Archive for March 2013

No need to panic over Equine Herpes Virus!

A few horses have been identified with neurological equine herpes virus this year in the west of the country. Sporadic cases are not uncommon in the UK so this in itself is not that unusual. However, the proximity (in both time and location) to a major equestrian event has raised the profile of these cases and consequently there will be an article in tomorrow’s Horse and Hound discussing equine herpes virus. The cases that have been identified in the west have been isolated and all appropriate measures have been taken to control any disease spread.

An article in this week’s Horse and Hound aims to provide a balanced discussion of the exceedingly complicated issues surrounding equine herpes virus but above all we would advise you not to panic and to call us if you would like to discuss the situation on your yard specifically. Although the disease can be very serious and should not be taken lightly, the risk to horses in our area currently is thankfully very low.

 Naturally, many people are keen to provide as much protection as possible for their horses and are asking about vaccination. Currently the vaccine for equine herpes virus is not available but importation of further vaccine stocks is planned so vaccination may become an option in the near future. The vaccine is designed to prevent abortion in broodmares but can be used to reduce the risk of the other forms of the disease i.e. respiratory infection and neurological signs (the latter being the most serious). The vaccine does not offer complete protection to the individual but may reduce the severity of disease and reduces the amount of virus that is spread if a horse becomes infected and thereby reduces the risk to other horses. The vaccine is very safe so in situations where there are broodmares or large numbers of horses coming and going then the costs may be outweighed by the potential benefits. Other than cost, there is a suggestion that vaccination may (and this is a very controversial point) increase the risk of neurological disease if the horse is already infected. As there have not been any outbreaks in our area this is not a concern currently.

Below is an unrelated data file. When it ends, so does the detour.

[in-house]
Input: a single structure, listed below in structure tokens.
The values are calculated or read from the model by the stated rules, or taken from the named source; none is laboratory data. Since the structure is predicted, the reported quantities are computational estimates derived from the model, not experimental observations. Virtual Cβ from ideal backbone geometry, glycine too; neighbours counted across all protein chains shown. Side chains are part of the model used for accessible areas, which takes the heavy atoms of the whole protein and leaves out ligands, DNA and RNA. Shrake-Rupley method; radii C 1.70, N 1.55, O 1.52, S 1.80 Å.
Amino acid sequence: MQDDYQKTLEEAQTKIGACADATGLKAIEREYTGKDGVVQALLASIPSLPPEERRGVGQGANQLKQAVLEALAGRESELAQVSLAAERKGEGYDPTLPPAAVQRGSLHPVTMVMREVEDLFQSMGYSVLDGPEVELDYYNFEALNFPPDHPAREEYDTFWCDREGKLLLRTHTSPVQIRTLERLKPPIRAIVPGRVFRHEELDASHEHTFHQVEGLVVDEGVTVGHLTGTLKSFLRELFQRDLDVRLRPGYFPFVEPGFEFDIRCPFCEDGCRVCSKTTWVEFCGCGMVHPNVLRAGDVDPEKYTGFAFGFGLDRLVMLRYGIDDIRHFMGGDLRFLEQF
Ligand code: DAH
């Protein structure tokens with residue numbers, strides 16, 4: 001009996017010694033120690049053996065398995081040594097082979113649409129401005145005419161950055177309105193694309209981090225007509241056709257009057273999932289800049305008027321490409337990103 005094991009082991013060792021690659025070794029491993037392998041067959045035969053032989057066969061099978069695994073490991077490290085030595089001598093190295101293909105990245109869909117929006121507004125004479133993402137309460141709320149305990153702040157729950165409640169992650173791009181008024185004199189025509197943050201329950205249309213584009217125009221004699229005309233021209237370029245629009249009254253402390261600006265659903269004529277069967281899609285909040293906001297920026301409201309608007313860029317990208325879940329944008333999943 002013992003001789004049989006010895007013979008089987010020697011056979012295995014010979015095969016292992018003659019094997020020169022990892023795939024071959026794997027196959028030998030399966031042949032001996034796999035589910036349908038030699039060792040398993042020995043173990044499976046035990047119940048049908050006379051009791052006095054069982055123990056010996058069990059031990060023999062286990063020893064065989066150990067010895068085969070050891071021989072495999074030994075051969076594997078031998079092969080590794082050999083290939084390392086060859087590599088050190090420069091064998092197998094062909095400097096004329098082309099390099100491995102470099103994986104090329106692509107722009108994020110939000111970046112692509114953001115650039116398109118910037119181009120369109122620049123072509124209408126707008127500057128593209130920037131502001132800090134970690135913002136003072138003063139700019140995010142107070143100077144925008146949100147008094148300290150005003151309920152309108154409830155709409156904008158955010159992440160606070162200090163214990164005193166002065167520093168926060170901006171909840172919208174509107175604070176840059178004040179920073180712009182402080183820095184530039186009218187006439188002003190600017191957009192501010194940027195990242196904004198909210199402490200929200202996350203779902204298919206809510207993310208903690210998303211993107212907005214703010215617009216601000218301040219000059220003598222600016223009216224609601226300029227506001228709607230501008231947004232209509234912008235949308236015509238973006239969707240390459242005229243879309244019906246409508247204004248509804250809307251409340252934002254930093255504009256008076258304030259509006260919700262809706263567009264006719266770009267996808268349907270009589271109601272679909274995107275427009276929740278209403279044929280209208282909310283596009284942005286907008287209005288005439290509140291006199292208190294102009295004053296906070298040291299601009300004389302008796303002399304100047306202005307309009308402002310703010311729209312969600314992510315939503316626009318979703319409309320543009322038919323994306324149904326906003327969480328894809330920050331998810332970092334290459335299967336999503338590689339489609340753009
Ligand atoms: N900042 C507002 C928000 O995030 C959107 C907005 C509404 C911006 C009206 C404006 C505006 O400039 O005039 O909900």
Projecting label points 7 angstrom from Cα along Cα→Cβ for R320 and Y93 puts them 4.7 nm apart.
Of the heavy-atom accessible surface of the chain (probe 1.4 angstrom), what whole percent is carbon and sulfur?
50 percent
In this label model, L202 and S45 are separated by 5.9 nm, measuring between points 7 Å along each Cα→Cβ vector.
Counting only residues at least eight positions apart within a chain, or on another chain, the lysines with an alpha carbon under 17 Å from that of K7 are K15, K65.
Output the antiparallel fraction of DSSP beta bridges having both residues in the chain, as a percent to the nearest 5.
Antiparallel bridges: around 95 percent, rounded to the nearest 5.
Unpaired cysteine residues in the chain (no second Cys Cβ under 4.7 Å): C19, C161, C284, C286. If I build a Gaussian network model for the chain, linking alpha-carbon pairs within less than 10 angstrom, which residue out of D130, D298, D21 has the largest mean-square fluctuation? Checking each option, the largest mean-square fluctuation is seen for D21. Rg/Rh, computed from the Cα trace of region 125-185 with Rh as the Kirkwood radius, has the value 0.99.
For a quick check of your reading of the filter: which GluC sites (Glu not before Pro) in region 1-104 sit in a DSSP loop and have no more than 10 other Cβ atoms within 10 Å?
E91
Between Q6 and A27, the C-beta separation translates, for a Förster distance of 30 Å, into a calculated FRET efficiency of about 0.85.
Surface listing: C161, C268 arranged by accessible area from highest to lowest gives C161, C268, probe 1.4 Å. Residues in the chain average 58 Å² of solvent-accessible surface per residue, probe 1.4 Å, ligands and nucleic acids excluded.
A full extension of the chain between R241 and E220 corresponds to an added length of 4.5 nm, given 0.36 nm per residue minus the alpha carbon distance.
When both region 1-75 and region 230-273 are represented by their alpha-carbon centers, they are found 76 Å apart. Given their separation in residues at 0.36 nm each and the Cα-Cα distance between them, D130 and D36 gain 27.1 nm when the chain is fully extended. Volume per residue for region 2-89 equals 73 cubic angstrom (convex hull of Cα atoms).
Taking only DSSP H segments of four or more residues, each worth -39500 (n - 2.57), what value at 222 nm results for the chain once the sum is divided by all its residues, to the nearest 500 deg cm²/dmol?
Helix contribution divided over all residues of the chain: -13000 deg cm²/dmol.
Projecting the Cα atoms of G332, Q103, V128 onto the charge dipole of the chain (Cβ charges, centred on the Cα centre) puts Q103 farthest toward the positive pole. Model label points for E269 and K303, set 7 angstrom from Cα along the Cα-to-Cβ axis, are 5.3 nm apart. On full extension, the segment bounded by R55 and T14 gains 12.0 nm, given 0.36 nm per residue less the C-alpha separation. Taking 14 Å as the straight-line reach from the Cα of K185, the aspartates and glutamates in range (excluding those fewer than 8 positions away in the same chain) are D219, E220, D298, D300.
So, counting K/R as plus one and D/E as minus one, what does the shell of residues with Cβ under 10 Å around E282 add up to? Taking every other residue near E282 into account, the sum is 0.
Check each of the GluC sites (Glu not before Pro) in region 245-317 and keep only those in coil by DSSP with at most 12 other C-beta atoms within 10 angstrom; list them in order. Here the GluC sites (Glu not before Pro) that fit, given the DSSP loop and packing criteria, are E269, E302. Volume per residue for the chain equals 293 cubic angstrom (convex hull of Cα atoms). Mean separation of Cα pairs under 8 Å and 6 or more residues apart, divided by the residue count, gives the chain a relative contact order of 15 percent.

Is your horse/pony at risk of laminitis?

If your horse or pony is prone to laminitis, it’s important to test for Cushing’s disease. 9 out of 10 laminitis cases are caused by an underlying hormonal disease. And despite the common perception that Cushing’s disease is solely a condition of older horses and ponies, new data shows that up to one-third of 10- to 15-year-olds may be affected.
The laboratory fees for Cushing’s testing are FREE until the end of June.

Blood test vouchers are available at

Laboratory Newsletter March 2013

Please see below for our latest newsletter:

March 2013 Laboratory Newsletter